Though many eminent personalities from the Niger Delta are in the top echelon of both the APC and the Buhari administration, they are widely viewed as traitors and apologists of the Hausa/Fulani who have contributed to the suffering of their people. In particular cases; names like Senator Godswill Akpabio, Minister of Niger Delta Affairs, Mr. Rotimi Amaechi, Minister of Transportation, Chief Festus Keyamo, Minister of State for Labour and Employment, Senator Ovie Omo-Agege, Deputy Senate President and Chief Timipre Sylva are fingerred as persons who triggered the subjugation of the Niger Delta by the Buhari administration. Therefore, personalities like Governor Nyesom Wike have seized the moment to frequently play to the gallery; riding on the wave of prevalent emotion in the Niger Delta. Apart from loss of political capital in their home states, a severe threat to the personal safety of these personalities may be imminent.
Another cogent justification for the negative perception of APC and Buhari in the Niger Delta is the thinking that there is threat to Christianity should the APC be allowed a major in road to the Niger Delta. While this point is not entirely provable with empirical evidence supporting the idea that there is Northern agenda to stretch the rule of Islam from the desert to the Atlantic, the concern is palpable and on the lips of many in the Niger Delta.
From the Presidency
Presidential Spokeman Femi Adesina expectedly thinks President Muhammadu Buhari deserves accolades not knocks, for the PIA. According to him, Buhari, “has done what Napoleon couldn’t do. Again and again. The Bill had defied Olusegun Obasanjo who introduced it, got the better of Umaru Musa Yar’Adua (God rest his soul), worsted Goodluck Jonathan, but has finally been subdued by Buhari. The man has proven to be adept at concluding things that had long trounced and vanquished many leaders before him. The PIB overwhelmed the first to eighth National Assembly, which couldn’t pass it into law. But through synergy and cooperation between the Executive and the Ninth Assembly, Nigeria now has a law for her cash cow, the oil and gas industry, more than 50 years after the last legislation, which had become obsolete.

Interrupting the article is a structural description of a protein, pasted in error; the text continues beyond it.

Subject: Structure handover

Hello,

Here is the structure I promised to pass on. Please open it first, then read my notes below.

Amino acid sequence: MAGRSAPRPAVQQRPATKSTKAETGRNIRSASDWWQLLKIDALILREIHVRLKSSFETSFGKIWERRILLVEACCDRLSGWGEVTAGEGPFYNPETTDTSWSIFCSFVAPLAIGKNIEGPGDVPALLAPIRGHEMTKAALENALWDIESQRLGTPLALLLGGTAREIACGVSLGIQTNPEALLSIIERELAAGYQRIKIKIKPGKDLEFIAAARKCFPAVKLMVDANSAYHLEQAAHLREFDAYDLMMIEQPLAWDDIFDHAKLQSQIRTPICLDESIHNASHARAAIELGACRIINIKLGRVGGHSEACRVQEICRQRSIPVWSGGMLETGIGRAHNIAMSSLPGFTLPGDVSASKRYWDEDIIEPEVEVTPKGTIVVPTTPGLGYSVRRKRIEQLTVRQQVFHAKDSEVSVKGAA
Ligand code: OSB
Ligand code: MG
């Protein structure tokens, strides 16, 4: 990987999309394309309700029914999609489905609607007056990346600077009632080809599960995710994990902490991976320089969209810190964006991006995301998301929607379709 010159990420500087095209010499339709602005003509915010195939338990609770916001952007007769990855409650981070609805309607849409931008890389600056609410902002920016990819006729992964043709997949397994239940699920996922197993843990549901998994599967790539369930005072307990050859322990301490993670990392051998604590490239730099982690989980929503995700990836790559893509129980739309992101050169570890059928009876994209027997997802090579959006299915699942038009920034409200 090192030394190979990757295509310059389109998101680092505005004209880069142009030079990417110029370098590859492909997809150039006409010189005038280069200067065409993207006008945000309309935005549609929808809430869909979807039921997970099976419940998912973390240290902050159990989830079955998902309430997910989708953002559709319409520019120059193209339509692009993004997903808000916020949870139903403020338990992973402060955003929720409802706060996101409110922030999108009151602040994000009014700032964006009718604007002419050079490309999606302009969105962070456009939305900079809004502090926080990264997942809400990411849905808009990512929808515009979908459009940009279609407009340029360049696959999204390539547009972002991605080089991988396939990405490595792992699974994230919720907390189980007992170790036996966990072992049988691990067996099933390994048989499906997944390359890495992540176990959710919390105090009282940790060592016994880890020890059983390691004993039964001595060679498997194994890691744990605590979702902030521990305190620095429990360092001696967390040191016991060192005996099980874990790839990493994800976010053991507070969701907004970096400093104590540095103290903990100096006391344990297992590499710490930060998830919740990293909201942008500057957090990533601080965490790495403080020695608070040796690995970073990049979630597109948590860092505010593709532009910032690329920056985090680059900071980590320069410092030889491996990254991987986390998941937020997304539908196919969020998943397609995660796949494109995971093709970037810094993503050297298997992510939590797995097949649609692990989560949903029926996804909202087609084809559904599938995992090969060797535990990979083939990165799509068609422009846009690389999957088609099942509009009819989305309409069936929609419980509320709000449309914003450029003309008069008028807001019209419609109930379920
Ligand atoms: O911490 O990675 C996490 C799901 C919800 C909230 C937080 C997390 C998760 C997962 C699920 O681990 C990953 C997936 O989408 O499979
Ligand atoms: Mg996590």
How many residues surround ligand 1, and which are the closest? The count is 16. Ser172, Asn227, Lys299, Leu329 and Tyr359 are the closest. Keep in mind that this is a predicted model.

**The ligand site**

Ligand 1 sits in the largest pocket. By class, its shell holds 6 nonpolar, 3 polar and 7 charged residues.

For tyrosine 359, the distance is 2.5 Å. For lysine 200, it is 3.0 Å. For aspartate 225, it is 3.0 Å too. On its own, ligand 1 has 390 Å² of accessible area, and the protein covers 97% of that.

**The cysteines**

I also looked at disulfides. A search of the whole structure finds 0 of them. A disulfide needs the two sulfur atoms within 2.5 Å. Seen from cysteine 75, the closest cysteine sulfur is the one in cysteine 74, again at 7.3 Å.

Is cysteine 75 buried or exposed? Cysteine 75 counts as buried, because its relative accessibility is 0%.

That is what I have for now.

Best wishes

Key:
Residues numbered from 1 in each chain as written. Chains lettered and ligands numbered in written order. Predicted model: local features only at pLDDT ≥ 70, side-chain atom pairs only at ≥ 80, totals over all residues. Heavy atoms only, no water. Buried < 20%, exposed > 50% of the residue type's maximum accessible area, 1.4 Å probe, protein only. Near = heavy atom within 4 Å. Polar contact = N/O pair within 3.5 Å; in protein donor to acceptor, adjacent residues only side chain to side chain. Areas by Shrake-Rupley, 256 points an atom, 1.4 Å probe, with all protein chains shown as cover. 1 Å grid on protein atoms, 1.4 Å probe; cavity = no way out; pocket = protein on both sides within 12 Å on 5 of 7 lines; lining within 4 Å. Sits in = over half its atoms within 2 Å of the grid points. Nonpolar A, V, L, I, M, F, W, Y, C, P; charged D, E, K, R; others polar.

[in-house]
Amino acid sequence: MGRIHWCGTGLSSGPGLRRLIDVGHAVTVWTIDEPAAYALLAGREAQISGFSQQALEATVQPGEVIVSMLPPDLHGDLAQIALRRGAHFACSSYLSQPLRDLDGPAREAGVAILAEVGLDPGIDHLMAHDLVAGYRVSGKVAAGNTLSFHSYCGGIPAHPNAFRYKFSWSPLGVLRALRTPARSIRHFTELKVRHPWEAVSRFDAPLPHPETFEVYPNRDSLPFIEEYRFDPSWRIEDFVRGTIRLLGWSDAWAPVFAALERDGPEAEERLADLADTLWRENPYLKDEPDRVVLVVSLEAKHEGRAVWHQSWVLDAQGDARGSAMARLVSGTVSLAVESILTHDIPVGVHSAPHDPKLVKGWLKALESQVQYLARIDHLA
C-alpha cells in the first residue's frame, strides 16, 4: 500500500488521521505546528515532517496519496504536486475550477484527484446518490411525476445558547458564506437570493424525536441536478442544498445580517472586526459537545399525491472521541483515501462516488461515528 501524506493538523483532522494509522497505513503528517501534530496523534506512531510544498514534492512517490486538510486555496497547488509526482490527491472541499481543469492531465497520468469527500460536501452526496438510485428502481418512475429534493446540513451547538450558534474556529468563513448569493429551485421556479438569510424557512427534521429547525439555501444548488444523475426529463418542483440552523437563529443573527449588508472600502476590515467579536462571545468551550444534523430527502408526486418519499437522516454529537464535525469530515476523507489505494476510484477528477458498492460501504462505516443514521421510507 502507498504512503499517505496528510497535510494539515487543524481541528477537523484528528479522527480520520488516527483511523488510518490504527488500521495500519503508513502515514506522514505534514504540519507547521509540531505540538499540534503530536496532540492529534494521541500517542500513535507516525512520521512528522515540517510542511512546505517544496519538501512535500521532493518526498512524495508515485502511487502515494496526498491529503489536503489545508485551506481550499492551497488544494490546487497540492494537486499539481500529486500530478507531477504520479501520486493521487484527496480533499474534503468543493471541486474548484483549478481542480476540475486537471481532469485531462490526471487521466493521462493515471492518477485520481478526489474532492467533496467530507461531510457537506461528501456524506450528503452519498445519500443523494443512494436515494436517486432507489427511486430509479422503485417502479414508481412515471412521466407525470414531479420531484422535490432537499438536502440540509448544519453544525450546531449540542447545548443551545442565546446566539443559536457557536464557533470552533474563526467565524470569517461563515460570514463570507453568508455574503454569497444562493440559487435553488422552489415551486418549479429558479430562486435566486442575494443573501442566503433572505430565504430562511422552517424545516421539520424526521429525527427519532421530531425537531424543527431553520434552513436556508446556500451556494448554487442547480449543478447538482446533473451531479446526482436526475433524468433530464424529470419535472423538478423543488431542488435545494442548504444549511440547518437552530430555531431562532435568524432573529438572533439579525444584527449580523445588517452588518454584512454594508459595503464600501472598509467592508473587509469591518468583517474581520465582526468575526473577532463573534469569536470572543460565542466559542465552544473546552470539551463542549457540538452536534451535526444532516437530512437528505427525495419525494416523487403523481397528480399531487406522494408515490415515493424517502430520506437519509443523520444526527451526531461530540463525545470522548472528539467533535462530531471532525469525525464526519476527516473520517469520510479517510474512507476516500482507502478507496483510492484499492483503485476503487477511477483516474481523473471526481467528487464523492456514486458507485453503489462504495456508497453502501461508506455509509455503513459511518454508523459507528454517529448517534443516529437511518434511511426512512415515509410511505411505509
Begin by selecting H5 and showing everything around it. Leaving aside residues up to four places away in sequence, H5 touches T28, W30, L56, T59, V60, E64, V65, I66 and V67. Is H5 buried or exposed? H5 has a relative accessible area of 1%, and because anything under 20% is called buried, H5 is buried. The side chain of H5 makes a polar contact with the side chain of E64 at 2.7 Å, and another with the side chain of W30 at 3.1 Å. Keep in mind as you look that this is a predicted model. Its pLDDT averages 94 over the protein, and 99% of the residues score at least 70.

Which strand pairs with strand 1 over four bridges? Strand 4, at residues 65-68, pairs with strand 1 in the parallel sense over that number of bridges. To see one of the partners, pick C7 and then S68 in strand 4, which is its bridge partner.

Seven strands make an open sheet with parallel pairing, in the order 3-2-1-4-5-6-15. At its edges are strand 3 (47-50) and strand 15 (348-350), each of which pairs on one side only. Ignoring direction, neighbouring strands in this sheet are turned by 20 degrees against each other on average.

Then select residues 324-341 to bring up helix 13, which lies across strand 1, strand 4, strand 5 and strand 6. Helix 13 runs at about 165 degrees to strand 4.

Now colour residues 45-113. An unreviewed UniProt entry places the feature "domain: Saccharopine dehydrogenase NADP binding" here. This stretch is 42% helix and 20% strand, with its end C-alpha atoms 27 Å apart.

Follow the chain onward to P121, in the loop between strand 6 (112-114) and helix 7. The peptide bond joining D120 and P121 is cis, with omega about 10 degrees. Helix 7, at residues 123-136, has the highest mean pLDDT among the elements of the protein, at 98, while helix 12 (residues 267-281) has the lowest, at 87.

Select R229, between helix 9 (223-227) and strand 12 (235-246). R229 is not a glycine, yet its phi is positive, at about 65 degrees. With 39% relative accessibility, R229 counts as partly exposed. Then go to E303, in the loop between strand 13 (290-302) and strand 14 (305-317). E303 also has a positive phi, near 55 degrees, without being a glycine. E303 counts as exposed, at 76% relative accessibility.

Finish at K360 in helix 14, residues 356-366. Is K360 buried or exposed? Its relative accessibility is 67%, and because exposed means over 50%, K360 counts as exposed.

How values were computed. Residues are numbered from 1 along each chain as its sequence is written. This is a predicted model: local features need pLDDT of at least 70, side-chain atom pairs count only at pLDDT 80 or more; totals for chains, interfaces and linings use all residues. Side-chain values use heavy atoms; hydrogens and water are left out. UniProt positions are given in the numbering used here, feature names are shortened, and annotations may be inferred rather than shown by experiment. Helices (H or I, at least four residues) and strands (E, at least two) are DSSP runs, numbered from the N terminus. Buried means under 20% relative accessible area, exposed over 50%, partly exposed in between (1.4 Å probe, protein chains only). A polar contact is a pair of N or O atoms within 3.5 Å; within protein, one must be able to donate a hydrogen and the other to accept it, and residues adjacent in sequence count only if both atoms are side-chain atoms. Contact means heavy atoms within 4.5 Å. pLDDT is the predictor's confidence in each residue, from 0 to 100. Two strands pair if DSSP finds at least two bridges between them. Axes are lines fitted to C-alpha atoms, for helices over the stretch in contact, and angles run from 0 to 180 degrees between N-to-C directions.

“Step forward President Buhari, and be garlanded for being the Master Finisher. Practical examples abound in different spheres of National life, of projects, policies, proposed laws that had been in the works for more than two decades, but which have been seen to fruition by the tough but easy going man from Daura.”
At the Federal Executive Council (FEC), meeting last Wednesday, Buhari said that the passage of the PIB into law was the “end of decades of uncertainty and under-investment in the petroleum industry.
“To consolidate the commitment of this administration to delivering the value proposition of this law, I have approved an implementation framework commencing immediately to ensure the industry envisaged in the new law begins to take shape.
“The implementation process to be headed by the Hon Minister of State, Petroleum Resources is hereby tasked with the completion of the implementation of this act within 12 months. I am therefore directing all relevant Ministries, Departments and Agencies of government to fully cooperate in ensuring the successful and timely implementation of this law.
“Let me now commend the leadership of the 9th Assembly for their continued pursuit of our national aspiration and demonstration of mutual harmony with the Executive in the pursuit of a patriotic outcome in the passage of the PIB.”
QUOTE 1
The 2023 national elections may be decided on four important issues which also defined the 2019 Election. They are insecurity, the economy, corruption and the quest for a peoples constitution, which will define the relationship between the central government and the sub-national governments; that is, the states
QUOTE 2
Voters in the Niger Delta region generally think of the APC as a Hausa/Fulani-controlled party. This line of thought has been filled by apparent lopsidedness appointment into sensitive national offices which tend to favour a particular ethnic group since Buhari became president. Mr. President has also been consistent in not openly condemning misdemeanours by his kinsmen